Three weeks into filming, Bogart was in Bacall's dressing room at the end of the day, talking and laughing. He then leaned in to kiss her. Next, he asked for her phone number, which she wrote on the back of a matchbook. In 1997, Bacall told Parade magazine, "From then on I would get phone calls, occasionally at 3 a.m. My mother used to say, 'Where do you think you're going so early in the morning? That man, he's a married man!'"
Despite having feelings for Bacall, Bogart remained married to his third wife
Bogart had been married to his third wife, actress Mayo Methot, since 1938. The couple's heavy drinking and arguments had resulted in their being nicknamed "the battling Bogarts." Fights could be so destructive that a carpenter was reportedly on call to handle repairs. In 1942, Methot had become violently enraged and stabbed Bogart.
Being married meant Bogart had to see Bacall in secret. Their meetings took place in cars parked on dimly lit streets, at a golf club near the studio, and during breaks in shooting. They called each other "Slim" and "Steve," the nicknames of their characters in To Have and Have Not.
Filming on To Have and Have Not ended on May 10, 1944. Shortly afterward, Bogart sent Bacall a note that said in part, "I know what was meant by 'To say goodbye is to die a little' — because when I walked away from you that last time and saw you standing there so darling I did die a little in my heart." Though they met over the summer, Bogart felt a duty to stay in his unhappy marriage with his alcoholic wife.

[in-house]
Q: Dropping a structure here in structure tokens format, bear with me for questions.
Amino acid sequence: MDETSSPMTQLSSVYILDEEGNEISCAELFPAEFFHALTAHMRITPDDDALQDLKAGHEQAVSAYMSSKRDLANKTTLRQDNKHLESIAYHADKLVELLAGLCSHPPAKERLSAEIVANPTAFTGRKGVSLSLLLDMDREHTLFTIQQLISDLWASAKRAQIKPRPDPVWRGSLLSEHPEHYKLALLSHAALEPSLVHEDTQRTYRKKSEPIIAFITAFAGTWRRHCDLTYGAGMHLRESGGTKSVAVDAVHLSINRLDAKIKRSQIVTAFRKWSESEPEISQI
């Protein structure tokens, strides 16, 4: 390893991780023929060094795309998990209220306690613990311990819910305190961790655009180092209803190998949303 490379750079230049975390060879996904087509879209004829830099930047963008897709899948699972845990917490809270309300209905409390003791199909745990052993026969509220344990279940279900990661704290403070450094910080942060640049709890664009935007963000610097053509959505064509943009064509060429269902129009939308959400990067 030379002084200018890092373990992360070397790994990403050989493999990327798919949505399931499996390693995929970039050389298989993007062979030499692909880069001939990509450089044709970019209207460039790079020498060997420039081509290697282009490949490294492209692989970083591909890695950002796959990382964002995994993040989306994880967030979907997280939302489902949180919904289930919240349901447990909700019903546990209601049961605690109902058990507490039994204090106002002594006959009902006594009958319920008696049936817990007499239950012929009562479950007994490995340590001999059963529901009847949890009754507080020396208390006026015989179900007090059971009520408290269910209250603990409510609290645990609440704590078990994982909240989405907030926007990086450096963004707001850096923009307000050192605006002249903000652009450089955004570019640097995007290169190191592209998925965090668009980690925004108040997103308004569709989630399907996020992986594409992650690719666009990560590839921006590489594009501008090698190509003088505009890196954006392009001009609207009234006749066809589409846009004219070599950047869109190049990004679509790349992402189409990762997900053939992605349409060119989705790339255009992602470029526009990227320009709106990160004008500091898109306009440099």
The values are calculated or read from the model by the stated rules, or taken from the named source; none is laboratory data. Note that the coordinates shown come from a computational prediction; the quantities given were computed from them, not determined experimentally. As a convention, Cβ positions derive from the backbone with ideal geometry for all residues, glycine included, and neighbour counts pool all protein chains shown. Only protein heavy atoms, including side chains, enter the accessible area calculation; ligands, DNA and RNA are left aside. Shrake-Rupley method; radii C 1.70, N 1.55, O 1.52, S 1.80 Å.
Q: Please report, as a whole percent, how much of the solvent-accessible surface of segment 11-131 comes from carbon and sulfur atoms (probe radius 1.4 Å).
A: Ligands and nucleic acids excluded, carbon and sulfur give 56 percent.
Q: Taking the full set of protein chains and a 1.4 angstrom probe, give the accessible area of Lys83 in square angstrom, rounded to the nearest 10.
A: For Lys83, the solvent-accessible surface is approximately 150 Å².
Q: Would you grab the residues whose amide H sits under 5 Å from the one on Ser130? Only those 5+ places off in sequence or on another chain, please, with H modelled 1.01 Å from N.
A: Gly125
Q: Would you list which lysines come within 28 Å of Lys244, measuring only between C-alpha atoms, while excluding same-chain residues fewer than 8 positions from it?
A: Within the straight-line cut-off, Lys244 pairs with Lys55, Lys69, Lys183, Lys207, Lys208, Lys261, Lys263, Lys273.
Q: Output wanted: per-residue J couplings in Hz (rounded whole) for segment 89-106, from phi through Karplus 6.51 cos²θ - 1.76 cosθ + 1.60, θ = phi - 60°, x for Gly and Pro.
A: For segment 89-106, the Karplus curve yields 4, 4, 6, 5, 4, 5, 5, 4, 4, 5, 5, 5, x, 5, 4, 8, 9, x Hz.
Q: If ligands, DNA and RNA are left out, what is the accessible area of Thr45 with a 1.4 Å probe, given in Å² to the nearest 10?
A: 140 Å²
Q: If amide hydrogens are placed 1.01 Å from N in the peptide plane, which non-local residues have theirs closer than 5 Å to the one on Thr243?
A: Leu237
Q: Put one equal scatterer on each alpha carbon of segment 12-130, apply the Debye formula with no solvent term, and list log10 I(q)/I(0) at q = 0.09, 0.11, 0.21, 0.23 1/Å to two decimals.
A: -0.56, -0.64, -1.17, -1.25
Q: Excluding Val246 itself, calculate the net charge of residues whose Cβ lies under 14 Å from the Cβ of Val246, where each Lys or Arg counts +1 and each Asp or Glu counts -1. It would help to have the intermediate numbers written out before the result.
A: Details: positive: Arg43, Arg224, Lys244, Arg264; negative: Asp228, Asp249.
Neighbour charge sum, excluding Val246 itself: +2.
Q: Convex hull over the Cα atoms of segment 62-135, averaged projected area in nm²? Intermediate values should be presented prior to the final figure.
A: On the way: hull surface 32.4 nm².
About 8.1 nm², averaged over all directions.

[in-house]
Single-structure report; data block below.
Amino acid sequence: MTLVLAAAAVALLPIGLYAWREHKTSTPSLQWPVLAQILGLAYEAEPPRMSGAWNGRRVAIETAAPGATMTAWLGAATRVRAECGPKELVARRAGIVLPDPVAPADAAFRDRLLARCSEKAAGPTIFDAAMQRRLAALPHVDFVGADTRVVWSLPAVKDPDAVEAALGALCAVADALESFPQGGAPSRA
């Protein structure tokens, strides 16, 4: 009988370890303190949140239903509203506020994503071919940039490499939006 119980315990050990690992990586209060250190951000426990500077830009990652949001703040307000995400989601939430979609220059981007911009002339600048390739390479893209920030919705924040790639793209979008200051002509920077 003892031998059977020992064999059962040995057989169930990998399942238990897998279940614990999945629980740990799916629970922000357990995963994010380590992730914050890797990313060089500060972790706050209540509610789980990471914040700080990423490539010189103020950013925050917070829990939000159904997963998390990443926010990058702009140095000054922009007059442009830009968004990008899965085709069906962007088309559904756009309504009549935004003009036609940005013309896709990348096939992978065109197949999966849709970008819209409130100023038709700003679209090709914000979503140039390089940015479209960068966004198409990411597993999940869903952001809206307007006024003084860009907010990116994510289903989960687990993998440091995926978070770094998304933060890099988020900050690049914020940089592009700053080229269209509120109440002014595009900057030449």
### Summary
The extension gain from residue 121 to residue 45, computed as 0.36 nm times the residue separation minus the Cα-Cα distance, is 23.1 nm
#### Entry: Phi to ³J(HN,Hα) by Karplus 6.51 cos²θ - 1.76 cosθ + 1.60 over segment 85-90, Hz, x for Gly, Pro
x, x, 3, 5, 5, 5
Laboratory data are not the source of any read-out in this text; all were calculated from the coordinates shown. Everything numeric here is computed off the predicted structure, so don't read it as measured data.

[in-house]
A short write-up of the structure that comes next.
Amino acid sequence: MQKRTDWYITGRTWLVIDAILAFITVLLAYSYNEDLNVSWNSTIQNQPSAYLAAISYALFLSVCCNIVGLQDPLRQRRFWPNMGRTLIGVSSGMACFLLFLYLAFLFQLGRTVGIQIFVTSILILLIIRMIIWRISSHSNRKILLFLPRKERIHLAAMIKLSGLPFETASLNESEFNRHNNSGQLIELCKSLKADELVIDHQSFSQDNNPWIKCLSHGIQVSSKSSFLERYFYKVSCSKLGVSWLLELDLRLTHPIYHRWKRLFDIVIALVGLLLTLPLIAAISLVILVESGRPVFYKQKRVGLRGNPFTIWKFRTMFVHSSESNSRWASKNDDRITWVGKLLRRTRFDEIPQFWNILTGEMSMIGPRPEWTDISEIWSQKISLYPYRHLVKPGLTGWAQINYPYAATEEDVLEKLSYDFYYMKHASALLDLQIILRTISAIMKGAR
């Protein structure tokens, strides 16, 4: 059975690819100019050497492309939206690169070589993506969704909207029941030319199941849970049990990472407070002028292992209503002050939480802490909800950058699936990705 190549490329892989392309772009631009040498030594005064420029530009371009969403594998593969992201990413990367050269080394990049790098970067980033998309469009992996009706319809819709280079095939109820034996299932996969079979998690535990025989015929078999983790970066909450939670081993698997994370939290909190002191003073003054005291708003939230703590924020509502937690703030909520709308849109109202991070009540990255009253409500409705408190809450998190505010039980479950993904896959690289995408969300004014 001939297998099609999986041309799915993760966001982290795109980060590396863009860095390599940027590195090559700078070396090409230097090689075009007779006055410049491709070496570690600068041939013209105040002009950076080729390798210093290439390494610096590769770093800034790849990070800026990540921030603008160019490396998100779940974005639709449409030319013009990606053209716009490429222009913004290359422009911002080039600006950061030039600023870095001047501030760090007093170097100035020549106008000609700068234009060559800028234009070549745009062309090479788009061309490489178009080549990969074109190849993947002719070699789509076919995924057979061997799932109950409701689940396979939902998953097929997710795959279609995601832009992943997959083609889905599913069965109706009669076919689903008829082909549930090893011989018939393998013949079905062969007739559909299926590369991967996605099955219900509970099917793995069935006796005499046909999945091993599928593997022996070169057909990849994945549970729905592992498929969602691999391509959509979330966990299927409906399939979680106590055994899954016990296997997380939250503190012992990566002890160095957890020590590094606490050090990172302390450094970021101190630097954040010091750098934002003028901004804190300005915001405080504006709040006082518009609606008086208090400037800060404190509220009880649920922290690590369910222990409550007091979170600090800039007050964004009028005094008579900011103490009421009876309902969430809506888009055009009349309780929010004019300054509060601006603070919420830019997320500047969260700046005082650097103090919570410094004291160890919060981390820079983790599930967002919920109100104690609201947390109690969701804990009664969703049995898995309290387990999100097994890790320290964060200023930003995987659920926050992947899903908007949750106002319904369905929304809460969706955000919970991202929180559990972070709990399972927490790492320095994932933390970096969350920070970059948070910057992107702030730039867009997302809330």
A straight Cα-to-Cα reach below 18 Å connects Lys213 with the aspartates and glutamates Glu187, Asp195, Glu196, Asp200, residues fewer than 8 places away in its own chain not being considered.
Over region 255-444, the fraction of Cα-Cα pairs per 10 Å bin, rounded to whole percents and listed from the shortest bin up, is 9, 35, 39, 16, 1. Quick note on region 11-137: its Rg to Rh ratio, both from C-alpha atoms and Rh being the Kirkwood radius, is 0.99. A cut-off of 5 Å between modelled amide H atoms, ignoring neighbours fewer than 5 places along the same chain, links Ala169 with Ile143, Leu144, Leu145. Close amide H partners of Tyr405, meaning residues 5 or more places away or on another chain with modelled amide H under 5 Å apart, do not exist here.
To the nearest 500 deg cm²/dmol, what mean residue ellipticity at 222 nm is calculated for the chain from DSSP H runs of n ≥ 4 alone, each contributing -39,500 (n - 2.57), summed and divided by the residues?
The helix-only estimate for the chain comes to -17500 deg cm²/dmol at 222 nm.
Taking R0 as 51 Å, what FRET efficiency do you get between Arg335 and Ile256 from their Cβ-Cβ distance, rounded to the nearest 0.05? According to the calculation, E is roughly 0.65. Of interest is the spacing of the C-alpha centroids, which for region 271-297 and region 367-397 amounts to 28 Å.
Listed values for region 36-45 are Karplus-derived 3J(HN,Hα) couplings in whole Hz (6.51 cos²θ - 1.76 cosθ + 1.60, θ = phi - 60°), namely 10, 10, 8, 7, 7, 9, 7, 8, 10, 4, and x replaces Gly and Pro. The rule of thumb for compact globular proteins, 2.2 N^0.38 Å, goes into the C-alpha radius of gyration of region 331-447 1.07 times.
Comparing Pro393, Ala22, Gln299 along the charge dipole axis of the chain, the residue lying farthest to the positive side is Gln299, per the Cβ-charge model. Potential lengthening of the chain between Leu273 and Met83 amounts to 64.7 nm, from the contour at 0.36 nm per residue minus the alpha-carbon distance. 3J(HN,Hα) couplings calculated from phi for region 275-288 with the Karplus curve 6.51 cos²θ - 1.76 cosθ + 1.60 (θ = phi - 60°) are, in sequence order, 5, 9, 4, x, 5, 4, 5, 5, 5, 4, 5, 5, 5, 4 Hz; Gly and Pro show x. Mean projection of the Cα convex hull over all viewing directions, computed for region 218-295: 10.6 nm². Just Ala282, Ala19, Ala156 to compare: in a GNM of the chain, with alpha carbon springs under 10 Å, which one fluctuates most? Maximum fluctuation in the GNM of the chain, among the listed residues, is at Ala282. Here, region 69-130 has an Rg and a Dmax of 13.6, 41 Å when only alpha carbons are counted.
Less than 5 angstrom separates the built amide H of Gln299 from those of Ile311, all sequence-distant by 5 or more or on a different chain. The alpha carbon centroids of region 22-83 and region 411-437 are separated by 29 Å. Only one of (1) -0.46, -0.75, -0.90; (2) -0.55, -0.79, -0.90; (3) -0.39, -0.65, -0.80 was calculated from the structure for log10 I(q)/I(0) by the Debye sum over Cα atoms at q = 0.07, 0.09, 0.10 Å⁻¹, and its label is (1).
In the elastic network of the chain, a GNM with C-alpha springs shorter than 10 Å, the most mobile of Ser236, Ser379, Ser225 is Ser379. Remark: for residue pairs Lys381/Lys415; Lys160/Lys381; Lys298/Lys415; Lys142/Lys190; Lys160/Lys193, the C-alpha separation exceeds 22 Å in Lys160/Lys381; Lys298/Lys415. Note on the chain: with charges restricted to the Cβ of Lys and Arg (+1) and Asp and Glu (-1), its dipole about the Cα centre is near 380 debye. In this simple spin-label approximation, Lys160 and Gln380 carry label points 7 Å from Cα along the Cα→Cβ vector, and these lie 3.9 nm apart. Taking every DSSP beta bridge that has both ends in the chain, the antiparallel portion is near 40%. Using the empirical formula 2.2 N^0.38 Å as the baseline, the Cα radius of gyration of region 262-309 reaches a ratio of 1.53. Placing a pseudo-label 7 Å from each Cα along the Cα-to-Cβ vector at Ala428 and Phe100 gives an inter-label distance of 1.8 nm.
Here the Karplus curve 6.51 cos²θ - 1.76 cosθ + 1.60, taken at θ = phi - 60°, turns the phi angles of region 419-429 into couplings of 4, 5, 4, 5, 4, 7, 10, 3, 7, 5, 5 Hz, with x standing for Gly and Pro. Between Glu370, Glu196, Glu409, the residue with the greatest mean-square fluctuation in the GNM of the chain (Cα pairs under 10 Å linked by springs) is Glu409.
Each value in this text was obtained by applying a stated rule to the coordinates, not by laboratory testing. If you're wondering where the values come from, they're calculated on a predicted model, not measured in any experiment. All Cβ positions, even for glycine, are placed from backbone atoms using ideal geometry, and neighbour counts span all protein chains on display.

They reunited for 'The Big Sleep,' and their connection was stronger than ever
In addition to Bogart's wife and her mother's disapproval of the relationship, Bacall had to deal with Hawks. The director, who'd likely been interested in romancing Bacall himself (though he was also married), had insisted Bogart had no real feelings for her. He'd also threatened to sell her contract to a lesser studio. Bogart had stood up to Hawks, to the point that the head of the studio had to be called in, but Bacall was still worried.